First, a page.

Joy Global (NYSE:JOY) makes mining equipment, so it's odd to hear the company talk about the prospects of an oil play. Unless, of course, that oil is in the Canadian oil sands, which are mined and not drilled. And Joy Global isn't alone in its efforts to grow in the oil sands—miner Teck Resources (NYSE:TCK) wants in, too.
Oil in sand
The Canadian oil sands are pretty much what they sound like, oil trapped in sand. To get at the stuff you need to dig it up, put on a truck, and then treat it (with heat and chemicals) until the oil comes out more easily. It's a fairly labor intensive and costly process. Joy Global CEO Ted Doheny pegs the cost at anywhere between $50 and $80 per barrel of oil.
That can be a high hurdle to reach, especially at the upper end of the range. However, during Joy Global's second quarter conference call Doheny noted that, "The economics of oil sands continues to improve as sustained $90 per barrel oil prices exceed the average cost of production." In fact, the mining equipment maker just got an order for a multiple shovel destined for the oil sands. It will be delivered in 2016 and should help keep the company's backlog full while mining equipment sales elsewhere continue to stall.
However, Doheny points out that this wasn't an overnight success. "We've been working this oil sands order for over five years." That said, Joy Global has done "extremely well in the oil sands" and has "very strong market share." Moreover, every new order creates the potential for service revenue and, perhaps just as important, a reason for other companies to go with Joy Global product over competitors.
And with resource industries in a general funk, being able to sell into the oil space offers valuable diversification. For example, newly proposed carbon dioxide rules for U.S. utilities could leave an important end market for Joy Global struggling for longer than hoped as the U.S. thermal coal market adjusts to a new, lower level of demand.
Another player looking at oil
This is why mining giant Teck Resources is getting into the oil sands, too. The company and its two oil-focused partners announced last year that they have decided to move ahead with the Fort Hills Oil Sands project. Teck only has a 20% share of the project with the partners pretty much splitting the rest. However, that 20% should equal 36,000 barrels per day (13 million barrels per year) of bitumen as soon as 2018. The first oil is expected to "flow" in late 2017.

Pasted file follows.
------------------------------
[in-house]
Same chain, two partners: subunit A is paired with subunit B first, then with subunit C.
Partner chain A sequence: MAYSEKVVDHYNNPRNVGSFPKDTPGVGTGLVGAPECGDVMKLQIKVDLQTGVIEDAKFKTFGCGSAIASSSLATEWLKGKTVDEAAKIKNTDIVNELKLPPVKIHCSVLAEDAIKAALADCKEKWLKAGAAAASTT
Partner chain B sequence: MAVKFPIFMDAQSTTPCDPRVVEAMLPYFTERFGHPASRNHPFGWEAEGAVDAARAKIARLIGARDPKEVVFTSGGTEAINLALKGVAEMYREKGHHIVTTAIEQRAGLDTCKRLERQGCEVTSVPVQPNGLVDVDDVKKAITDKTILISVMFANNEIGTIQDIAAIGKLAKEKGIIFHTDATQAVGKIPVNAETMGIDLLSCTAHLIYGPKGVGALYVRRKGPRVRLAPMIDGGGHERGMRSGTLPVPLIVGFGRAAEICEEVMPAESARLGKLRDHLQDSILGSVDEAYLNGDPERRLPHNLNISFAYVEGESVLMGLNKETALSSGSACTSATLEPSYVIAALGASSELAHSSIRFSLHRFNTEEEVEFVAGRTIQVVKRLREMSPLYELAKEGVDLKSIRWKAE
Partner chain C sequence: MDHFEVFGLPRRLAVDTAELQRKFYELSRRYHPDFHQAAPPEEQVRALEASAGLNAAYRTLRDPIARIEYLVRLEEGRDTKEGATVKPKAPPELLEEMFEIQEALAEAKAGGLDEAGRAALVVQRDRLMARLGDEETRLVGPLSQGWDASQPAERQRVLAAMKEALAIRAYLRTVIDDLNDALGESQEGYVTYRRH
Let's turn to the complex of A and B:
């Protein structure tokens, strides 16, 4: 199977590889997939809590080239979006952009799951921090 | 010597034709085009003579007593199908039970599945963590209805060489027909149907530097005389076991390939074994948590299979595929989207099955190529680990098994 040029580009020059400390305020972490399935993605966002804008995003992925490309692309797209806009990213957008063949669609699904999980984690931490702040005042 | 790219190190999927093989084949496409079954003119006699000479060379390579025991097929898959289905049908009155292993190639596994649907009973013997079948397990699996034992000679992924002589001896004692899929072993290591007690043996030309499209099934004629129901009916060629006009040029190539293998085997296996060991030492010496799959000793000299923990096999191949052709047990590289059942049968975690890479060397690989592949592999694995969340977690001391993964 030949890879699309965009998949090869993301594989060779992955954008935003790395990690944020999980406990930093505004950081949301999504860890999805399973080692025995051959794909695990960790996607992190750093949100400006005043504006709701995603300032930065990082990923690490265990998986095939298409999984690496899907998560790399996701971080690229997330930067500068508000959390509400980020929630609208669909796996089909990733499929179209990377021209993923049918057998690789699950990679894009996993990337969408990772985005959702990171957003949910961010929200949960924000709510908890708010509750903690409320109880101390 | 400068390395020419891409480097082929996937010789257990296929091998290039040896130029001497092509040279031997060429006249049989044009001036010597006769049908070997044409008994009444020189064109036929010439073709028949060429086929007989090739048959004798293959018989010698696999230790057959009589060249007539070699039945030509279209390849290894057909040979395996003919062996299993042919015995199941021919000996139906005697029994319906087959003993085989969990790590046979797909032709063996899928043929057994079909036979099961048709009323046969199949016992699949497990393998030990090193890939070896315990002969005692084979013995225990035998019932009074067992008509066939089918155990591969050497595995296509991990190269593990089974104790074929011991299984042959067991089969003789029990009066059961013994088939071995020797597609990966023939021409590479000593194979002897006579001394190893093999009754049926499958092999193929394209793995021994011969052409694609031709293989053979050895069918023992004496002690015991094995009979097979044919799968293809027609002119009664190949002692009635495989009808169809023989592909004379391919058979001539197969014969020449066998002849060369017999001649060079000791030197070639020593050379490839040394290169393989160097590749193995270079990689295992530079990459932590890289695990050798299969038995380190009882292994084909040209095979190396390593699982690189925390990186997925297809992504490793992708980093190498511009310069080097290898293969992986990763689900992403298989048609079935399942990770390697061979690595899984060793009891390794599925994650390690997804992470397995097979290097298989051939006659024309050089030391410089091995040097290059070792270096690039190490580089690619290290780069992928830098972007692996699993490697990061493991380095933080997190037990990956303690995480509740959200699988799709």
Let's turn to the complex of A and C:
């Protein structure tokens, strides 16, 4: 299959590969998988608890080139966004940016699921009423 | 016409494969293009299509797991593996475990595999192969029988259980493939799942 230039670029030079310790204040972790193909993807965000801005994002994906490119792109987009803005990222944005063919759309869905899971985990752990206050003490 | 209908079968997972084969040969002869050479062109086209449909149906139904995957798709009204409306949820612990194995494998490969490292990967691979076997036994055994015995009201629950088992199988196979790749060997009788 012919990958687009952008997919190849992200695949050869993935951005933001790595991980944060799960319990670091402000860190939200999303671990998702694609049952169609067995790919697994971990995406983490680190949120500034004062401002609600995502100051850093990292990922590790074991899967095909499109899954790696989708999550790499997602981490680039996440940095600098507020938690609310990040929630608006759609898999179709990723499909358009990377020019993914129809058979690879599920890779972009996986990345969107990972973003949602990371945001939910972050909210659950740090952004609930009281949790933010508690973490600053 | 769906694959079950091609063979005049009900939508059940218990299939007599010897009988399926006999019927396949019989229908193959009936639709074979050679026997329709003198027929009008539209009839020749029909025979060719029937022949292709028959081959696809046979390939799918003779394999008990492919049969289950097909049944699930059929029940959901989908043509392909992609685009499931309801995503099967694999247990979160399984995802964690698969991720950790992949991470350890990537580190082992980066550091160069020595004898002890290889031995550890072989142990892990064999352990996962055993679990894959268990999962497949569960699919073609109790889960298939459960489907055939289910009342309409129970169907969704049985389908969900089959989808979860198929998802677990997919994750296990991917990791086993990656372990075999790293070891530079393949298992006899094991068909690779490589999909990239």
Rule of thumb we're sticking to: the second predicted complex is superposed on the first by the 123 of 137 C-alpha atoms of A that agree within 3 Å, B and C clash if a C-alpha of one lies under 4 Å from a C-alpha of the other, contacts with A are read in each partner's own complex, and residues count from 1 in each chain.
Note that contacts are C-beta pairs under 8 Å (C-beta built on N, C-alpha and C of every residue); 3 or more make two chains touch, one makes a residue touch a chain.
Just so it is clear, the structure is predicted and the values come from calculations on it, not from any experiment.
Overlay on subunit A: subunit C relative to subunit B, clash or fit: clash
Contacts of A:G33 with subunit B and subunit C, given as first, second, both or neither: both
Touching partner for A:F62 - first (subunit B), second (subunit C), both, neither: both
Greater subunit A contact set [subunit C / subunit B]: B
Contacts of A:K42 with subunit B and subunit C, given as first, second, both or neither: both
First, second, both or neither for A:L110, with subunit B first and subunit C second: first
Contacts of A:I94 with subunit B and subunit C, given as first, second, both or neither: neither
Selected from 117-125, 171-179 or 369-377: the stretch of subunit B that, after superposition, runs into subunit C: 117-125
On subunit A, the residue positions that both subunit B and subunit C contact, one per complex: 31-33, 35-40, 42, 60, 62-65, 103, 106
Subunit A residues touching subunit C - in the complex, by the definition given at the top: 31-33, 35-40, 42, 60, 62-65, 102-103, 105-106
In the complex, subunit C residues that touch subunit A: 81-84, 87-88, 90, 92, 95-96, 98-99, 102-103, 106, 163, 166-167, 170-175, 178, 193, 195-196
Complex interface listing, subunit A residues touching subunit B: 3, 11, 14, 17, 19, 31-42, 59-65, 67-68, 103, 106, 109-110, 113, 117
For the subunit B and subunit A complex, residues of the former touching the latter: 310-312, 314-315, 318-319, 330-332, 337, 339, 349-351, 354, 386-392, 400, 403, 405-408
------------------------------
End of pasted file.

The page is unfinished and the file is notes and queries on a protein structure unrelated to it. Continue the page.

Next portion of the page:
This is a big number for a company that, literally, has no exposure to oil right now. Today Teck's focus is metallurgical coal (47% of 2013 profits), copper (38%), and zinc (15%). Adding oil, which has held up relatively well as other commodities have fallen sharply, will be a good diversification effort. And, unlike traditional oil plays, Teck Resources' Fort Hills project is expected to have a lifespan of as much as 50 years.
And 2017 can't come soon enough. In fact, the bright spot in the first quarter was that the price Teck Resources got for zinc was unchanged year over year. Pricing for coal and copper both fell. The coal business was particularly hard hit, with commodity price declines leading to a profit margin contraction of 20 percentage points. Copper wasn't as hard hit, but still saw a six percentage point profit margin decline.
Canadian Oil Sands to the rescue?
It would be unreasonable to suggest that growth in the Canadian oil sands will save Joy Global or Teck Resources. However, the oil sands are an important unconventional oil deposit that will become more and more valuable as oil companies find that conventional oil plays are, well, played out. That will help Joy Global continue to expand its global footprint and allow Teck Resources to venture into a new area. Watch the oil sands and think about these two companies as relatively low-risk plays on oil sands growth.
Reuben Brewer has no position in any stocks mentioned. The Motley Fool has no position in any of the stocks mentioned. Try any of our Foolish newsletter services free for 30 days. We Fools may not all hold the same opinions, but we all believe that considering a diverse range of insights makes us better investors. The Motley Fool has a disclosure policy.